It’s obvious that financial management is a fundamental aspect of running a business.
With that in mind, keeping an eye on payroll expenses is one of the most vital financial aspects. This is considering that labor costs can make up to 70% of overall operating expenses.
Given its substantial impact on cash flow, it’s essential to monitor payroll expenses throughout a pay period.
Let’s further delve into what accrued payroll is, how it’s calculated, and why it’s something every business should pay attention to.
What is accrued payroll?
Accrued payroll refers to the accumulation of wages and benefits earned by employees which are yet to be paid. It is recorded as a liability on the company’s balance sheet until the wages are disbursed.
This method ensures a company’s financial records accurately reflect its obligations to its employees. Accrued payroll is a cornerstone in ensuring your workforce is compensated accurately.
Alternative to payroll accrual
Alternatively, some businesses opt for cash accounting. It records expenses when they are paid rather than when they are incurred.
While cash accounting may seem simpler, it can lead to inaccuracies and discrepancies in employee compensation.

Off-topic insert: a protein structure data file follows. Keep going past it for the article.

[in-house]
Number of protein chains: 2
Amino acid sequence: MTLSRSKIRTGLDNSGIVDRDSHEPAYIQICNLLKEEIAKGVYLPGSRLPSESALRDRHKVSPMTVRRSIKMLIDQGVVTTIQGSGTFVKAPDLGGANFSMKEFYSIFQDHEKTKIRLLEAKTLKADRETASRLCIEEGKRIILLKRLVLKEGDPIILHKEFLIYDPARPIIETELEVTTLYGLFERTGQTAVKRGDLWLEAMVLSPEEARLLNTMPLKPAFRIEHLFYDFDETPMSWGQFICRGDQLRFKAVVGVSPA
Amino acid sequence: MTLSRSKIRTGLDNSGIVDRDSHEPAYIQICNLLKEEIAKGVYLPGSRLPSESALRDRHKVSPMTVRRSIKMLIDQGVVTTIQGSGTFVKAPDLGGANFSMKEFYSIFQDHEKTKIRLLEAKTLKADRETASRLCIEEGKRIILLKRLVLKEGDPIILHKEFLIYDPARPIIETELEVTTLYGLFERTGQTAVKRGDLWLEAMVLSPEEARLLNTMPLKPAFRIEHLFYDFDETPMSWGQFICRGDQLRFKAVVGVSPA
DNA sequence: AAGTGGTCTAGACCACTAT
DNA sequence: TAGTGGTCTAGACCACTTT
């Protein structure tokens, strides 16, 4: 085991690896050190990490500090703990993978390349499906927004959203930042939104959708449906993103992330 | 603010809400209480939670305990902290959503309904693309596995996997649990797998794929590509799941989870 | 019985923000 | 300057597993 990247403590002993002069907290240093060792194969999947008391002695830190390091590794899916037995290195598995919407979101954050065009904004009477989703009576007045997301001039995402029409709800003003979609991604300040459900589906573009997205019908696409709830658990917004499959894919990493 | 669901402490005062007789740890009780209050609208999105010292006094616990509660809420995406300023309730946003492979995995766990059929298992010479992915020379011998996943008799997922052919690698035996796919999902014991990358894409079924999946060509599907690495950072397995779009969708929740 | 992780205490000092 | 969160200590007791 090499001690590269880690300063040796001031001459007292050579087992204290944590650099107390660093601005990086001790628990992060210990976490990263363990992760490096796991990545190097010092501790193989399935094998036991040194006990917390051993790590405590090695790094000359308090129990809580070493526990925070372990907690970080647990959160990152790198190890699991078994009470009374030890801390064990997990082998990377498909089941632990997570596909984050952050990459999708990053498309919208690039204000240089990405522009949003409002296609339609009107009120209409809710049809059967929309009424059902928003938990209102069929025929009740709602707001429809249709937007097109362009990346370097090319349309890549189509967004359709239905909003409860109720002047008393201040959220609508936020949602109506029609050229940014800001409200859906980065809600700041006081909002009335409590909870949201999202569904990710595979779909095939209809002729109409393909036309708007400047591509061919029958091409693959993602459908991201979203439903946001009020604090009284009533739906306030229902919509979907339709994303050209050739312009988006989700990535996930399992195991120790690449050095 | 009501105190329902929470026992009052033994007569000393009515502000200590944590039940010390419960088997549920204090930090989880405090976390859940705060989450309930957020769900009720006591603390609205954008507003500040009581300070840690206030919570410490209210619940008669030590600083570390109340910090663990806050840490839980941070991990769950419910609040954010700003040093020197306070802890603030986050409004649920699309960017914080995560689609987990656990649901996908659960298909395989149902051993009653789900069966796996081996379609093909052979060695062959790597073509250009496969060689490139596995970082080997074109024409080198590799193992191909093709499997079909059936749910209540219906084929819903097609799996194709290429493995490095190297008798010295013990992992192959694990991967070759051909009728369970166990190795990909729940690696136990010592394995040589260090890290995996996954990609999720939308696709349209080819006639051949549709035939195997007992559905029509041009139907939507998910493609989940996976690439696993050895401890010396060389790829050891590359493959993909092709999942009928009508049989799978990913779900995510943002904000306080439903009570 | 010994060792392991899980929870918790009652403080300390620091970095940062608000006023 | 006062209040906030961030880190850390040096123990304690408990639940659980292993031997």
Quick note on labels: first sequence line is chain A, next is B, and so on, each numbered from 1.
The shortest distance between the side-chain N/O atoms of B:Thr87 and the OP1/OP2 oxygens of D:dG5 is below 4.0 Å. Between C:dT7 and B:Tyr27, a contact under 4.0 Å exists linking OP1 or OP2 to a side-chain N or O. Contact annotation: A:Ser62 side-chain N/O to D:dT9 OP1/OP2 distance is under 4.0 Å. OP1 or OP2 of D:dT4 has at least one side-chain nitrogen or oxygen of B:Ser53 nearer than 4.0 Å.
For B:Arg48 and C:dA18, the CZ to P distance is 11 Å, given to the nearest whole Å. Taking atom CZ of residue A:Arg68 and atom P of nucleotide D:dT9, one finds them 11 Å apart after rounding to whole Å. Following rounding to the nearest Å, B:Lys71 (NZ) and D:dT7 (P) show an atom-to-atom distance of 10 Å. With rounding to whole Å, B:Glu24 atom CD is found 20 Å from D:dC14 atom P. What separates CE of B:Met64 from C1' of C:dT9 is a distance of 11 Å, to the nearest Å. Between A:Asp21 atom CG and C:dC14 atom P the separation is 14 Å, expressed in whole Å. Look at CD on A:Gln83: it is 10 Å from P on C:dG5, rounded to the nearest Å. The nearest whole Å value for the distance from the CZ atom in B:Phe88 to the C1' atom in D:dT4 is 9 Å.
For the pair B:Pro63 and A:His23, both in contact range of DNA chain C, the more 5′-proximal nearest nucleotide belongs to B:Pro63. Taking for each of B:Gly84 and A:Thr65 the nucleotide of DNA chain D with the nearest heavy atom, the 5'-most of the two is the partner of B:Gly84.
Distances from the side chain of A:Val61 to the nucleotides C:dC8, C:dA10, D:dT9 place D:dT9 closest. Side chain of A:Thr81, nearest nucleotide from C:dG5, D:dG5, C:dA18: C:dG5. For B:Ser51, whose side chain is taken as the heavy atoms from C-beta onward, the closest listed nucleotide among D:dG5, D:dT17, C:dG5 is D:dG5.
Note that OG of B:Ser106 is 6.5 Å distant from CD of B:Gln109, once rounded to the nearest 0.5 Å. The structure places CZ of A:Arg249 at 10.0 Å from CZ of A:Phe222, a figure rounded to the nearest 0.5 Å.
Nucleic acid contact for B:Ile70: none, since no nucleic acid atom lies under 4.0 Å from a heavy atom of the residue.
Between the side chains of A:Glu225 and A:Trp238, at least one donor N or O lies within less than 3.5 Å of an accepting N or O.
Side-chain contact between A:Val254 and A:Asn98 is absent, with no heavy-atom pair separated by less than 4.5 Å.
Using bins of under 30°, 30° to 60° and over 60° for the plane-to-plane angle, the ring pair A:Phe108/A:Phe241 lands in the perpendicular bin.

Accrual accounting provides a more accurate representation of a company’s financial obligations.
Importance of accrued payroll
Payroll accrual accounting is crucial for multiple reasons:
- Firstly, it ensures fair compensation to employees, as it accurately reflects the work done, including unpaid leaves and overtime.
- Secondly, it enables companies to maintain transparency and accountability in financial reporting.
- Payroll accrual accounting also assists in budgeting and forecasting. It lets businesses plan and allocate resources effectively.
Types of accrued payroll
Understanding the various components of accrued payroll is essential for meticulous financial management. Let’s explore the key types:
Salaries and wages
The backbone of any workforce, salaries and wages represent the core of accrued payroll. Ensuring timely and accurate recording is paramount for financial transparency.
Paid time off (PTO)
Employee well-being is crucial. PTO accrual ensures that employees receive their entitled time off without financial repercussions.
Navigating the complex world of payroll taxes is a challenge. Accruing them properly ensures compliance and avoids financial pitfalls.
Companies often offer bonuses to reward exceptional performance or to encourage employee motivation. These bonuses can be based on individual or team achievements.
Accrued commissions are a common form of compensation for salespersons. They are particularly found in industries like real estate or financial services.
Social security contributions
This refers to the employer’s share of Social Security and Medicare taxes. These contributions are typically matched with the amount withheld from employees’ paychecks.
Accruing benefits like annual leave or parental leave showcases a company’s commitment to a healthy work-life balance. These benefits are collected based on the time served or specific accrual policies.